CoonAce: BlazeTrailer: hubiestubert: This recipe isn't bad. Duck confit, sausage, salt pork, with the addition of pancetta and prosciutto is nice. They've sort of extended the process a bit, and made it fussy, but this is for home, and not a professional kitchen where we'd be doing things in various stages as part of daily prep and reserving. Lining the bottom of the cassole d'Issel with pork skin is super fussy, but it is kind of traditional. And it helps to keep the mess of beans and protein from sticking to the pot. While releasing a bit more fat into the whole thing.

You're looking at stages of cooking. You can do your duck a bit ahead of time. And it's kind of an all day thing, basically checking in, getting your stages set, and then hare off to do something else for a bit, and come back, until you get your ragout ready, then layer, and bake for an hour or two. Stir everything back in, top with your sausage, reserved fat, and bread crumbs and bake a bit longer. An hour at 275 is about right to brown the crumbs and keep the rest burbling gently under the surface.

Cassoulet IS super rich, and none too great for folks with sodium issues, but it's yummy. And a li'l of a pain in the ass to clean afterwards.

Not subby, but you are confirming my thought that any savoring of cassoulet should continue to be satiated by restaurants with good chefs

I think of cassoulet as home cooking, but I'll leave the soufflé potatoes and oysters Rockefeller to Galatoire's.


A LOT of French and Italian cuisine that is in today's mind as haute cuisine or Continental is just peasant cuisine done with a budget and un petit peu of fussiness. Methods before refrigeration meant some creative preservation, and now that we have easy storage, people aren't doing the sort of salting, brining, or confit, or making preserves and jellies, or pickling any where near as much.

In Japan, where a LOT of the cuisine is dedicated to pickles of all sorts, it's getting rarer and rarer to find folks doing their own any longer. Because of space issues, as well as time. It's becoming a valued skill to still be able to do well, and a rarity in many settings.

Food moves and marches on with the times. But it's nice to keep to the roots of a cuisine, and celebrate the everyday folks who created it, and kept it alive.
 
2022-07-03 7:03:36 PM  
3 votes:

alienated: hubiestubert needs to write a book , imho.


I was thinking the same - a comic strip book. Think Kitchen Confidential crossed with Dilbert.
 
2022-07-03 7:41:58 PM  
3 votes:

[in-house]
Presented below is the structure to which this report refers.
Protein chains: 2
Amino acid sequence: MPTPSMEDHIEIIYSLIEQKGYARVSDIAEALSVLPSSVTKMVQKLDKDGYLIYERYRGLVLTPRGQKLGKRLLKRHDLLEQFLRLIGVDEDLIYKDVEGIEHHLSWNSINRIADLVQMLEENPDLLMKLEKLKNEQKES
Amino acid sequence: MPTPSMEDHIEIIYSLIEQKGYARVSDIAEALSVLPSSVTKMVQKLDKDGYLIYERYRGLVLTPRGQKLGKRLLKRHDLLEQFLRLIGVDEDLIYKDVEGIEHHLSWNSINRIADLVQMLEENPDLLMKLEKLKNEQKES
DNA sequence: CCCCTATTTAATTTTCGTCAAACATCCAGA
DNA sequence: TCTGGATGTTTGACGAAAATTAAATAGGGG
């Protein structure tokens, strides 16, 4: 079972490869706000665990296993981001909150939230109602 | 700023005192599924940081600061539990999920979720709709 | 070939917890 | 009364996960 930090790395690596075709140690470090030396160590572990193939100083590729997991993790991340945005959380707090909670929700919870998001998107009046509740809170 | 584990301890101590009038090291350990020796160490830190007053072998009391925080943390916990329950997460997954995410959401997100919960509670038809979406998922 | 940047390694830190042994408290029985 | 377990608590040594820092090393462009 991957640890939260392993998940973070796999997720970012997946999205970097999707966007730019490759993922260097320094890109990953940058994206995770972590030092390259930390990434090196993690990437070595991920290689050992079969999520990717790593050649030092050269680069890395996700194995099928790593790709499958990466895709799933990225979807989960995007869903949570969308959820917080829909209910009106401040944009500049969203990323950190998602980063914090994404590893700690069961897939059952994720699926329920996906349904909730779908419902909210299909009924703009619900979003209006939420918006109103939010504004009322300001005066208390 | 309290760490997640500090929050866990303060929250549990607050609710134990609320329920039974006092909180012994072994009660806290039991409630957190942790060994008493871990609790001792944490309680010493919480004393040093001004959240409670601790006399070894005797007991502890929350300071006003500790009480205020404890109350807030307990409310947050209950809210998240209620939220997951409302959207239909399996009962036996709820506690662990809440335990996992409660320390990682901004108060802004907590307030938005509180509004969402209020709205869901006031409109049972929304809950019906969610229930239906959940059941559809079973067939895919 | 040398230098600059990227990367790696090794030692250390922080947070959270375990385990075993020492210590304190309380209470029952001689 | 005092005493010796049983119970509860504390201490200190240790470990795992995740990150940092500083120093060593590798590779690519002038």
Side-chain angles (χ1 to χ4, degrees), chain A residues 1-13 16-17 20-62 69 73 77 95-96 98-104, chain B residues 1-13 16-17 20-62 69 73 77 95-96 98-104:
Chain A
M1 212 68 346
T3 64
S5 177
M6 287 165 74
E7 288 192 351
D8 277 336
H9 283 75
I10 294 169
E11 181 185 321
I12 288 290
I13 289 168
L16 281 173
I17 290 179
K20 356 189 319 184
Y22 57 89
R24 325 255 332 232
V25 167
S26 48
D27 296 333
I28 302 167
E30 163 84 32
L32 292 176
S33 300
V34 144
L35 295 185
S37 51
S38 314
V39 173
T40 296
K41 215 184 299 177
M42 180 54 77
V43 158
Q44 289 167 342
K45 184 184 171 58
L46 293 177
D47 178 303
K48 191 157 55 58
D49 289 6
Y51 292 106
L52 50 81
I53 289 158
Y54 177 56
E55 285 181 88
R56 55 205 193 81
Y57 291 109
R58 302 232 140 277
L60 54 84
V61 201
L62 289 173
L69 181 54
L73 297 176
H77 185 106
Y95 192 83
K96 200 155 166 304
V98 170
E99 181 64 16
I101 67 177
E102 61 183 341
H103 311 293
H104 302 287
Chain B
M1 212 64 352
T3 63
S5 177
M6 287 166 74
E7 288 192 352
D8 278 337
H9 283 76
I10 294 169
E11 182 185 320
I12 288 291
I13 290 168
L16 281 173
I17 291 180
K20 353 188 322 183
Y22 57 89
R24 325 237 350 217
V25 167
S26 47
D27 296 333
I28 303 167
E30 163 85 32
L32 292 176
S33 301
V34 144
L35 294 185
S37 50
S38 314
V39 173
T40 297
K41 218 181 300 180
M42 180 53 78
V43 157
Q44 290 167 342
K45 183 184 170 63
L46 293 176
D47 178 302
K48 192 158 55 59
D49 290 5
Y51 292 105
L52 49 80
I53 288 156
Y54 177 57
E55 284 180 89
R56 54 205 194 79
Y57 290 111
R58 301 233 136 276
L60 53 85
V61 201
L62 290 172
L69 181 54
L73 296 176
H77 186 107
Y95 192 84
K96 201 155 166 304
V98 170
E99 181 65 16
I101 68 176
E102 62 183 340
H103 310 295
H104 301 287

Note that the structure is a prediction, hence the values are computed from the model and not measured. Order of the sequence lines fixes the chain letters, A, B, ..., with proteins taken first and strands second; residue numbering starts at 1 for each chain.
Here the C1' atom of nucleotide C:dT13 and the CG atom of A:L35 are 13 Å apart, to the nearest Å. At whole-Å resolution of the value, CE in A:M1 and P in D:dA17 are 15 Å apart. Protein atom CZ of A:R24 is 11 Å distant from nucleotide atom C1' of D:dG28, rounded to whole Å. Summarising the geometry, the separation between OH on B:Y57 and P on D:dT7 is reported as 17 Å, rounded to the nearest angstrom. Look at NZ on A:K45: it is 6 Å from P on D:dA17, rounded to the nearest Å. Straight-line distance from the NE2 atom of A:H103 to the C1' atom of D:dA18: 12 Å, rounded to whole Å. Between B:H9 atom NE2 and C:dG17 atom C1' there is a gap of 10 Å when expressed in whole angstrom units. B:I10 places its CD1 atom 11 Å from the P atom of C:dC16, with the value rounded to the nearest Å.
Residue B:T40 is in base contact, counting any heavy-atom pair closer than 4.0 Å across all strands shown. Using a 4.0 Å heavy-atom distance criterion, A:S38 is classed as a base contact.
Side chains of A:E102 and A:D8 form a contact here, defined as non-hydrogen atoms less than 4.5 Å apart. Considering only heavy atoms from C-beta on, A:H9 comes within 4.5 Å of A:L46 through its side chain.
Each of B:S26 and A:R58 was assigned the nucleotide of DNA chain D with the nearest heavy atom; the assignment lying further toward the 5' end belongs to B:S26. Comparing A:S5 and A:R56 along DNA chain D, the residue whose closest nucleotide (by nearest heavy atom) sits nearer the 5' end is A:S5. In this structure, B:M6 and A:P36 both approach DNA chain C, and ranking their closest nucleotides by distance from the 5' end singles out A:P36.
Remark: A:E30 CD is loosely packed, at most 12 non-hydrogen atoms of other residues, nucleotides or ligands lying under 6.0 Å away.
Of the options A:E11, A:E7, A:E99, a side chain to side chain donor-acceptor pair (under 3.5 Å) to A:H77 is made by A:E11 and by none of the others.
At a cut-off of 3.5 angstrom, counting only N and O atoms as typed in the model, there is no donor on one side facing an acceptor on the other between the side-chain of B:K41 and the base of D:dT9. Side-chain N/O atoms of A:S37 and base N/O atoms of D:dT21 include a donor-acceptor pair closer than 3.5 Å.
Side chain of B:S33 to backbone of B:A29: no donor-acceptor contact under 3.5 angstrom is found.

hubiestubert: phlegmjay: Whether you follow his specific recipe, Kenji's article is a food read, as it contains a lot of interesting info and technique.

I like the cut of his jib on this. Part of the reason that most recipes go with breadcrumbs is to create a crust. His version is far less fussy, and preserves the spirit of the dish. I'mma bookmark that.


It's delicious. I've only made it once, and I screwed up the crust a bit, but it was still great.
 
2022-07-03 8:26:26 PM  
3 votes:

BlazeTrailer: alienated: hubiestubert needs to write a book , imho.

I was thinking the same - a comic strip book. Think Kitchen Confidential crossed with Dilbert.


I was thinking more along the lines of

Anthony Bourdain on Archer
Youtube 7dgbA6akGnw
 
2022-07-03 8:54:20 PM  
2 votes:
Pay someone to do it next time because you'll never get around to the clean-up post-op
 
2022-07-03 9:21:48 PM  
2 votes:
I will add to be careful with the salt. You will cook off a lot of liquid and it's easy to make it way salty as it reduces. It's also easy to make it way too bland. Good luck balancing. But if you're using ham hocks and other salt cured meats for, that will add a lot to the dish.
 
2022-07-03 6:59:51 PM  
1 vote:
I have found the duck fat can be purchased at whole foods. But making your own and getting freshly cooked duck is a welcome bonus
 
2022-07-03 7:04:03 PM  
1 vote:
Whether you follow his specific recipe, Kenji's article is a food read, as it contains a lot of interesting info and technique.
 
2022-07-04 7:55:30 AM  
1 vote:

BlazeTrailer: hubiestubert: This recipe isn't bad. Duck confit, sausage, salt pork, with the addition of pancetta and prosciutto is nice. They've sort of extended the process a bit, and made it fussy, but this is for home, and not a professional kitchen where we'd be doing things in various stages as part of daily prep and reserving. Lining the bottom of the cassole d'Issel with pork skin is super fussy, but it is kind of traditional. And it helps to keep the mess of beans and protein from sticking to the pot. While releasing a bit more fat into the whole thing.

You're looking at stages of cooking. You can do your duck a bit ahead of time. And it's kind of an all day thing, basically checking in, getting your stages set, and then hare off to do something else for a bit, and come back, until you get your ragout ready, then layer, and bake for an hour or two. Stir everything back in, top with your sausage, reserved fat, and bread crumbs and bake a bit longer. An hour at 275 is about right to brown the crumbs and keep the rest burbling gently under the surface.

Cassoulet IS super rich, and none too great for folks with sodium issues, but it's yummy. And a li'l of a pain in the ass to clean afterwards.

Not subby, but you are confirming my thought that any savoring of cassoulet should continue to be satiated by restaurants with good chefs


I think of cassoulet as home cooking, but I'll leave the soufflé potatoes and oysters Rockefeller to Galatoire's.